When People Think You’re Crazy

The first thing I did where I was aware that people thought I was crazy was to buy a school bus with my friends. In retrospect it probably wasn’t the first time people thought I was crazy, just the first time it was so obvious that I couldn’t ignore it. I was somewhat oblivious back then, so a lot got by me.

People really thought I was nuts when I started gambling. I suppose I sort of encouraged it as a prank, but there was a very real consensus at school that I had become a problem gambler.

Not everyone thought I was crazy when I dropped out of school, but many people did.

Again, almost everyone thought I was crazy when moved to LA with a few weeks notice to learn pickup. Same when I sold everything to travel the world with a tiny backpack, when I bought the island, when moved to Vegas, when I go on cruises, and who knows what else.

While a lot of the actions I take on a daily basis strike people as normal and reasonable, I’d wager that the majority of people would classify most of my major life decisions as crazy.

There’s good crazy and bad crazy, but I’m not sure the distinction matters all that much. At the end of the day being someone that others consider strange puts you in a certain position.

To be honest, I hadn’t thought much about this before. I’ve been a weird one for so long that I don’t have much perspective on what it’s like to be normal. But one of my coaching clients went from a normal job to being a semi-nomadic entrepreneur and he commented about the weight of being perceived by others as a weirdo.

I remember how I felt when people thought I was weird for buying the school bus. No one thought it was the dumbest idea they’d ever heard, but no one thought it was the smartest either. They just thought it was weird. Not good or bad, just other.

Through the bus and the countless other crazy things I’ve done, I found that whether people ultimately think better or worse of me for doing the thing is almost entirely based on how I portray it. The action matters little, the presentation matters a lot.

At first I was terrible at explaining why I’d gone into pickup. People were outright angry at me for doing so. But as I learned to frame it better (and discovered more about what it actually was), most people would perceive it as a good thing.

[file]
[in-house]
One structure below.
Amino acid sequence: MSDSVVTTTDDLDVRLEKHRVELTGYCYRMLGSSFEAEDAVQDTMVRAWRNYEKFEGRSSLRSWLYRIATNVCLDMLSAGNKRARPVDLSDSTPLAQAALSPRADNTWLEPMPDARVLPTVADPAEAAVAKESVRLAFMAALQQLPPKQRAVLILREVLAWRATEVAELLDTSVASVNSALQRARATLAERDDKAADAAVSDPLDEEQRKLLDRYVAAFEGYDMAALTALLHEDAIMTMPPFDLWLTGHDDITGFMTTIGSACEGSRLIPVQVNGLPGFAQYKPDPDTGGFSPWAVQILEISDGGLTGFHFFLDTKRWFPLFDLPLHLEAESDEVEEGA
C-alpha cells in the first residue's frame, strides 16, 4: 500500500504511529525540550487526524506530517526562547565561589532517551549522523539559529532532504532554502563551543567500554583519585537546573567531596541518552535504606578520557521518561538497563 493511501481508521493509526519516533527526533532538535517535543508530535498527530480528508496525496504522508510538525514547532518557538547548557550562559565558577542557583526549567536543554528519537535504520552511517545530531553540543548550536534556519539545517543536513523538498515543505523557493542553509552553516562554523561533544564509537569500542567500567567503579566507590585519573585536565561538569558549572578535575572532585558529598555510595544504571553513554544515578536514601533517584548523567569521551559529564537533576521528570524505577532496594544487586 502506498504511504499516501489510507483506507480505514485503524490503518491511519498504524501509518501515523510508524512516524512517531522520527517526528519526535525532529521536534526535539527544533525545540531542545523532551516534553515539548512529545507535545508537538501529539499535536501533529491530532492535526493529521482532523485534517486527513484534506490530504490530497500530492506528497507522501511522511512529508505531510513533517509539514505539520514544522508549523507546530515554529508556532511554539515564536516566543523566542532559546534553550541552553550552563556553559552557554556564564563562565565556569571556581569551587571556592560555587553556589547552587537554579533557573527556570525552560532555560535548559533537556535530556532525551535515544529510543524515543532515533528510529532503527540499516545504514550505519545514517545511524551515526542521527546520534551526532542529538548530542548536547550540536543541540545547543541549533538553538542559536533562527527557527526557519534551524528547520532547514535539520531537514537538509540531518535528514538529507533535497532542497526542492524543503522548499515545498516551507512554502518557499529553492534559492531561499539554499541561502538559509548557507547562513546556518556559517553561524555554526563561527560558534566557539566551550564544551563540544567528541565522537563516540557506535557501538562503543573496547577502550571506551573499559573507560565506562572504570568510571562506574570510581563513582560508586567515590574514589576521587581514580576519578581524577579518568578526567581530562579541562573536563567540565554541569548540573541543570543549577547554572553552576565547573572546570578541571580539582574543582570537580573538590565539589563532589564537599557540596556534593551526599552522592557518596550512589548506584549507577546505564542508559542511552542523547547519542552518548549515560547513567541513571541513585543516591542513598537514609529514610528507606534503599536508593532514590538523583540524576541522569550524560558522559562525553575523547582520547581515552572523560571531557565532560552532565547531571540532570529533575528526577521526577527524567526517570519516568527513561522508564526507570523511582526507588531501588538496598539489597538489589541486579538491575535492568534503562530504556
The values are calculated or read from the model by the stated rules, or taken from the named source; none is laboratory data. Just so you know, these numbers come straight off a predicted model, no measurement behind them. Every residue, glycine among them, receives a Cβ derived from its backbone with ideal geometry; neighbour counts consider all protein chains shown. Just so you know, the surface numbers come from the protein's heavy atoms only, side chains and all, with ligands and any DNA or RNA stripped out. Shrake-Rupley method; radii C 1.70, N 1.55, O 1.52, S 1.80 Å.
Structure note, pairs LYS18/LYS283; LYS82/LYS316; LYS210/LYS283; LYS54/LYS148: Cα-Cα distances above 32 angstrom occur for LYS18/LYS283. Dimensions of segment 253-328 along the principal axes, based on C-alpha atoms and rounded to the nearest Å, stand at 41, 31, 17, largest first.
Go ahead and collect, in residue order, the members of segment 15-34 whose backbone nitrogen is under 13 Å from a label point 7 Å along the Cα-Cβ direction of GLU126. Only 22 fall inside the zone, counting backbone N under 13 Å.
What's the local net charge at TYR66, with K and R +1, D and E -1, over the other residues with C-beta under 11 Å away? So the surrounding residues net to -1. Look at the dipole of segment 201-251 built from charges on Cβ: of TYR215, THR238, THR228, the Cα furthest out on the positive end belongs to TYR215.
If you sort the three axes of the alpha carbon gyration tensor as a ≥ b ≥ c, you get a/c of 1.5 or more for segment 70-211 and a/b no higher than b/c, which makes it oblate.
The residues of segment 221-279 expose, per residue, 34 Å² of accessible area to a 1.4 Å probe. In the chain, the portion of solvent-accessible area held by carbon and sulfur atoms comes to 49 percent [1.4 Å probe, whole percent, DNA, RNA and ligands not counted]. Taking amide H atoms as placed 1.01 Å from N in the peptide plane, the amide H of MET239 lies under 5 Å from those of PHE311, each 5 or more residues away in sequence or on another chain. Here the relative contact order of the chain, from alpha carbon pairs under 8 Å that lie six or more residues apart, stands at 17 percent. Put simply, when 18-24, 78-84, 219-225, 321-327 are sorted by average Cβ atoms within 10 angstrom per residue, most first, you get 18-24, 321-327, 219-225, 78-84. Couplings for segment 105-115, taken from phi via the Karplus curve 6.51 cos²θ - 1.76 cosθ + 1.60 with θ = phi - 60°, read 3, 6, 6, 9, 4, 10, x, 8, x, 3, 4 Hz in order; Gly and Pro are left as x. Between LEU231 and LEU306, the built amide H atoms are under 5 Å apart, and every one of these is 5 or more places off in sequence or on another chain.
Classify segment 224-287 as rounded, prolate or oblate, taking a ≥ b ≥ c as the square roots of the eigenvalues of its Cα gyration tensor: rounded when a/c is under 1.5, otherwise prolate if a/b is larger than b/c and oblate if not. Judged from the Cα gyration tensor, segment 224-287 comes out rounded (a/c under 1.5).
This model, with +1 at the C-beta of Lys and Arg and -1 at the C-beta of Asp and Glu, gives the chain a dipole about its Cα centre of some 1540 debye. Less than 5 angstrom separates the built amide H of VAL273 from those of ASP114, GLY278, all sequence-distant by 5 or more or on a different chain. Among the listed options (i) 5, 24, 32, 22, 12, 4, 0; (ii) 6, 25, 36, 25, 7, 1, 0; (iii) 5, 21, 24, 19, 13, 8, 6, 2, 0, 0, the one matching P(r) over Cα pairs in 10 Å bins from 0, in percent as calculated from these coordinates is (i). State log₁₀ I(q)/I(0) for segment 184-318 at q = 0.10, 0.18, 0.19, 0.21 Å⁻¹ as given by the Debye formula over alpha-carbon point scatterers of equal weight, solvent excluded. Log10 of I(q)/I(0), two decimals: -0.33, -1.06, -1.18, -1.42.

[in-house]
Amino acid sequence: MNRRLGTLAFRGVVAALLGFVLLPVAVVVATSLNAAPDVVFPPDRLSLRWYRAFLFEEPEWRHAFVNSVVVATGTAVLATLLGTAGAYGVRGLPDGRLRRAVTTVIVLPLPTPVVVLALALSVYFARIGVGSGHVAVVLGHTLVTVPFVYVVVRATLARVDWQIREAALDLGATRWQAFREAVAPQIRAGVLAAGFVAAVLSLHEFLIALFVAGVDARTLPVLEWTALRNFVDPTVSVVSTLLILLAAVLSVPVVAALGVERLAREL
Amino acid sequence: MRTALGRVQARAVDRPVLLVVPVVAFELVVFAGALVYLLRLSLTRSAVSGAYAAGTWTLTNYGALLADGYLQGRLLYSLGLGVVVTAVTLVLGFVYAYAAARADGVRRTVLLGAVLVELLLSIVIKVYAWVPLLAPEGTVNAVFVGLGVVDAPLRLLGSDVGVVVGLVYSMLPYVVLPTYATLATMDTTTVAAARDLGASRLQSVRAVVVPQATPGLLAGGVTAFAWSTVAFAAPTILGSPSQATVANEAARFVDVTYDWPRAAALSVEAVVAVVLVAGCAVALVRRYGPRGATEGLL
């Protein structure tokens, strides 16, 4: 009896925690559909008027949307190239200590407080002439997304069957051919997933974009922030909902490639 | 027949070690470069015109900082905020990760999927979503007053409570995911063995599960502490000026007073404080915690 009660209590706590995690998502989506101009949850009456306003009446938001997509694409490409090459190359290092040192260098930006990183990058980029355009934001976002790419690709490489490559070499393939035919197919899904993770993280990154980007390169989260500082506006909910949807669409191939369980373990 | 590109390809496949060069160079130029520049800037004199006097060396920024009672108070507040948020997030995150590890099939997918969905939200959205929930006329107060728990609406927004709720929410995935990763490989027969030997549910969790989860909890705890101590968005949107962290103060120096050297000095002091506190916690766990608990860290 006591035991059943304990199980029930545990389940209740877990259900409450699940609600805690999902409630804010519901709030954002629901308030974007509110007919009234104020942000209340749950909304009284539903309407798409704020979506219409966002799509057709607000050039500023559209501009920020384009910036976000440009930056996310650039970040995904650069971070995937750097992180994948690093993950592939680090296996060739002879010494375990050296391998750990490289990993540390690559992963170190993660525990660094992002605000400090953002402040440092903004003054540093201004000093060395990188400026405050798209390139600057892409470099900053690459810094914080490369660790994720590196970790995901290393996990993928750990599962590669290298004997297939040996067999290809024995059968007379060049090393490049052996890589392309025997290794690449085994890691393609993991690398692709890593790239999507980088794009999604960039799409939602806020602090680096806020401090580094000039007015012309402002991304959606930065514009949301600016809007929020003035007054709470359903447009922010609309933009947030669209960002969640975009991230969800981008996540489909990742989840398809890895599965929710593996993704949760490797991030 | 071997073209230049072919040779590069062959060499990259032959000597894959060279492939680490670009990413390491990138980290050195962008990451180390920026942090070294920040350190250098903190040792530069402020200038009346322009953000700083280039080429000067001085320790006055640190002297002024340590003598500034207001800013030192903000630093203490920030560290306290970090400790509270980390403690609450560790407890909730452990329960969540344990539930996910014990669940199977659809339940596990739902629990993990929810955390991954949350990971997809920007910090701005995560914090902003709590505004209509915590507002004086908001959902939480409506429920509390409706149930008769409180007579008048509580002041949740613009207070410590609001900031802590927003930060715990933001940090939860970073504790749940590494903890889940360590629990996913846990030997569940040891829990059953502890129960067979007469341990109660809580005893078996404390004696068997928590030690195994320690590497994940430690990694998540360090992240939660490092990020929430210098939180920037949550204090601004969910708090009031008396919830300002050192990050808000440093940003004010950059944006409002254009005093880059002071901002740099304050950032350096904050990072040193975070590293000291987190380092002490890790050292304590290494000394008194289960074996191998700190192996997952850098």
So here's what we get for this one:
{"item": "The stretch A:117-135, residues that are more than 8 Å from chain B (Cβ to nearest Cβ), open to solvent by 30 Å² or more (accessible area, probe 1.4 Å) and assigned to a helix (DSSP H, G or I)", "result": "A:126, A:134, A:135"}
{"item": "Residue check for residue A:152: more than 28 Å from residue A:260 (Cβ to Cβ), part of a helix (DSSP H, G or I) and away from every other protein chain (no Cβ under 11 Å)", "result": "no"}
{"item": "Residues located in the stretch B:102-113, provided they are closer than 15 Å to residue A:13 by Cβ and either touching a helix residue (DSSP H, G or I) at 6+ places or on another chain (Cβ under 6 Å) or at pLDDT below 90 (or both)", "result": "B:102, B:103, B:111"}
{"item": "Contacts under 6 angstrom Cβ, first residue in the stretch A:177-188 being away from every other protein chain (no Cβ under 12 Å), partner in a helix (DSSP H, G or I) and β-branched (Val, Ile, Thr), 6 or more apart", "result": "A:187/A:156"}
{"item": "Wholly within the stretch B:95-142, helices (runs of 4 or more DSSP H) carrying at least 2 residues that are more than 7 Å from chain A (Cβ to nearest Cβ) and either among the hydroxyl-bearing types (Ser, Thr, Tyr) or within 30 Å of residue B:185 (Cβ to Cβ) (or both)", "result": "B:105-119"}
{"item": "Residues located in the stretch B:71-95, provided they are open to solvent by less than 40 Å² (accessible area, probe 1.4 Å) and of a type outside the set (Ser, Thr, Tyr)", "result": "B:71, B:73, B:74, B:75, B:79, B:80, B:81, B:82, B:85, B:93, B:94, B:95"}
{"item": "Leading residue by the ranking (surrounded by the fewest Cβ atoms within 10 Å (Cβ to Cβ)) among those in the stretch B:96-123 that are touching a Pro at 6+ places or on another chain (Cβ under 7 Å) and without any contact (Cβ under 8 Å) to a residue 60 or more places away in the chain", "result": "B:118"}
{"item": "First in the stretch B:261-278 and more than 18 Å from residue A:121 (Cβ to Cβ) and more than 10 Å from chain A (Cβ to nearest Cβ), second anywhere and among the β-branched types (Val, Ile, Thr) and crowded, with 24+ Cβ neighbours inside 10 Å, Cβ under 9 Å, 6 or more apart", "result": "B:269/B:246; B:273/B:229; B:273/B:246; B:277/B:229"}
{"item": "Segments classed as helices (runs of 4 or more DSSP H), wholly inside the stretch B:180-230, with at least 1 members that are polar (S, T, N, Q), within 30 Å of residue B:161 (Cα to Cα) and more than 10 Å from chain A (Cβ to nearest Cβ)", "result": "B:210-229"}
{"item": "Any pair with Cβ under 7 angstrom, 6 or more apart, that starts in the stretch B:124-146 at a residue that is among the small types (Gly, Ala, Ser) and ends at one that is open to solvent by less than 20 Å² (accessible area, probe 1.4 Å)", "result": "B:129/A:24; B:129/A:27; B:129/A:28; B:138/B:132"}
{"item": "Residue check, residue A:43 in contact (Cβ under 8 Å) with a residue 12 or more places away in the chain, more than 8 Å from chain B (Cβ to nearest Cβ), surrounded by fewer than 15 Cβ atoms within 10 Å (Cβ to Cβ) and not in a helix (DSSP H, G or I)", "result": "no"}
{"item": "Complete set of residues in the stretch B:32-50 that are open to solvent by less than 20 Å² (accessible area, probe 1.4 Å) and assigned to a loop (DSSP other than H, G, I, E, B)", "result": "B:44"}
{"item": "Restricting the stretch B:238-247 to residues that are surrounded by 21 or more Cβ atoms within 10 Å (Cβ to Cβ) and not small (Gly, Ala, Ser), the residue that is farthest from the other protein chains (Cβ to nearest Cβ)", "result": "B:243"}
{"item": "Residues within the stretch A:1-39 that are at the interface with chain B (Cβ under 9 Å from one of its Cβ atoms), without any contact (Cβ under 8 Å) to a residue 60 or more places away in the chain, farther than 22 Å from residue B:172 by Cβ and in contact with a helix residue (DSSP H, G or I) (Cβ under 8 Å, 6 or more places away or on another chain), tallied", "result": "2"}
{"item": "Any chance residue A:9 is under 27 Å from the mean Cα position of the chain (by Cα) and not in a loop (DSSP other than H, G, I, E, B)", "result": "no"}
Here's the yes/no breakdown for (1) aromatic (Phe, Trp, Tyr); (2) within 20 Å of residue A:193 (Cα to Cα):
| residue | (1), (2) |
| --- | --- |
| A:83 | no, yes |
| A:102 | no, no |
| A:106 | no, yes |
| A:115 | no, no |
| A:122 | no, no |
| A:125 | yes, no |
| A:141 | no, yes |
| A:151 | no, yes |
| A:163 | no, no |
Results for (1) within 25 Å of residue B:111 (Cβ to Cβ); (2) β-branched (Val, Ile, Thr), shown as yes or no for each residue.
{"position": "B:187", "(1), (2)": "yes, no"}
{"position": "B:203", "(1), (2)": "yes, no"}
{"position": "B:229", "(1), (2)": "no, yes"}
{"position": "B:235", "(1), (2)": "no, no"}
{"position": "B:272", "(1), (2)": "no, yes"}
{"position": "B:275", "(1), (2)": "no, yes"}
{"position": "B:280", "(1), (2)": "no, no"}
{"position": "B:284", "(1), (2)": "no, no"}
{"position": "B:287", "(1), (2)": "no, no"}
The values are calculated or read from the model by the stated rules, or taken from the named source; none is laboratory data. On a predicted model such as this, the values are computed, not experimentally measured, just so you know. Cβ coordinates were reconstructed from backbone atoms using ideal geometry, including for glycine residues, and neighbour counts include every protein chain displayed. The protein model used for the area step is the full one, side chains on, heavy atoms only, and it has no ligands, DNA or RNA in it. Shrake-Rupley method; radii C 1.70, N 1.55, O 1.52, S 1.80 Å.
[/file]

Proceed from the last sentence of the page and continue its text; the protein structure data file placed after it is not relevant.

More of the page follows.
The magic formula seems to be two parts:

1. I can have a lot of confidence that something is right for me, but not that it’s right for everyone. People feel uncomfortable when they think that me doing X means that I think they are wrong for doing Y.

2. I treat weird things I do as experiments. None of them redefine me as a totally different person than the person they once knew, but are just things I’m trying out.

When I present things I do in accordance to those two rules, people are generally supportive. Me doing weird things isn’t a threat to their own identity or to our relationship.

I think you also have to take those raised-eyebrow glances as compliments. I always do. When someone things I’m doing something outlandish, that’s an indication to me that I’m on the right track. It’s obviously not the only indication or the most important one, but it certainly doesn’t deter me.

I feel that way because I’ve built a track record of doing weird things and having them work out. That makes it very easy for me. In the beginning, especially the first weird thing you do, it’s very easy to have doubts. It would be unusual not to have some doubts.

But as soon as you do one weird thing and it works, you can instantly recategorize comments or looks received from other people as indications that you were on the right track, not the wrong one. And when you follow up with more weird things that work (or at least aren’t as disastrous as you imagine those people believe they are), that confidence can grow.

In spirit with rule #1 of the magic formula, I don’t think that everyone needs to be weird like me. I can’t imagine living life any other way, but we all have different genes, traits, experiences, resources, and goals.

If you are drawn to doing crazy things, though, do your best to have other people’s reactions affect you positively or not at all. Even if we all lived to be 1000, life would be too short to be dictated by other people.


Photo is Stockholm at daybreak… it was so cold there last week that I left early! But I did see an amazing Chen Man exhibit at Fotografiska first. Wow.

Tomorrow is my Superhuman 1 event. Can’t wait to get rolling!






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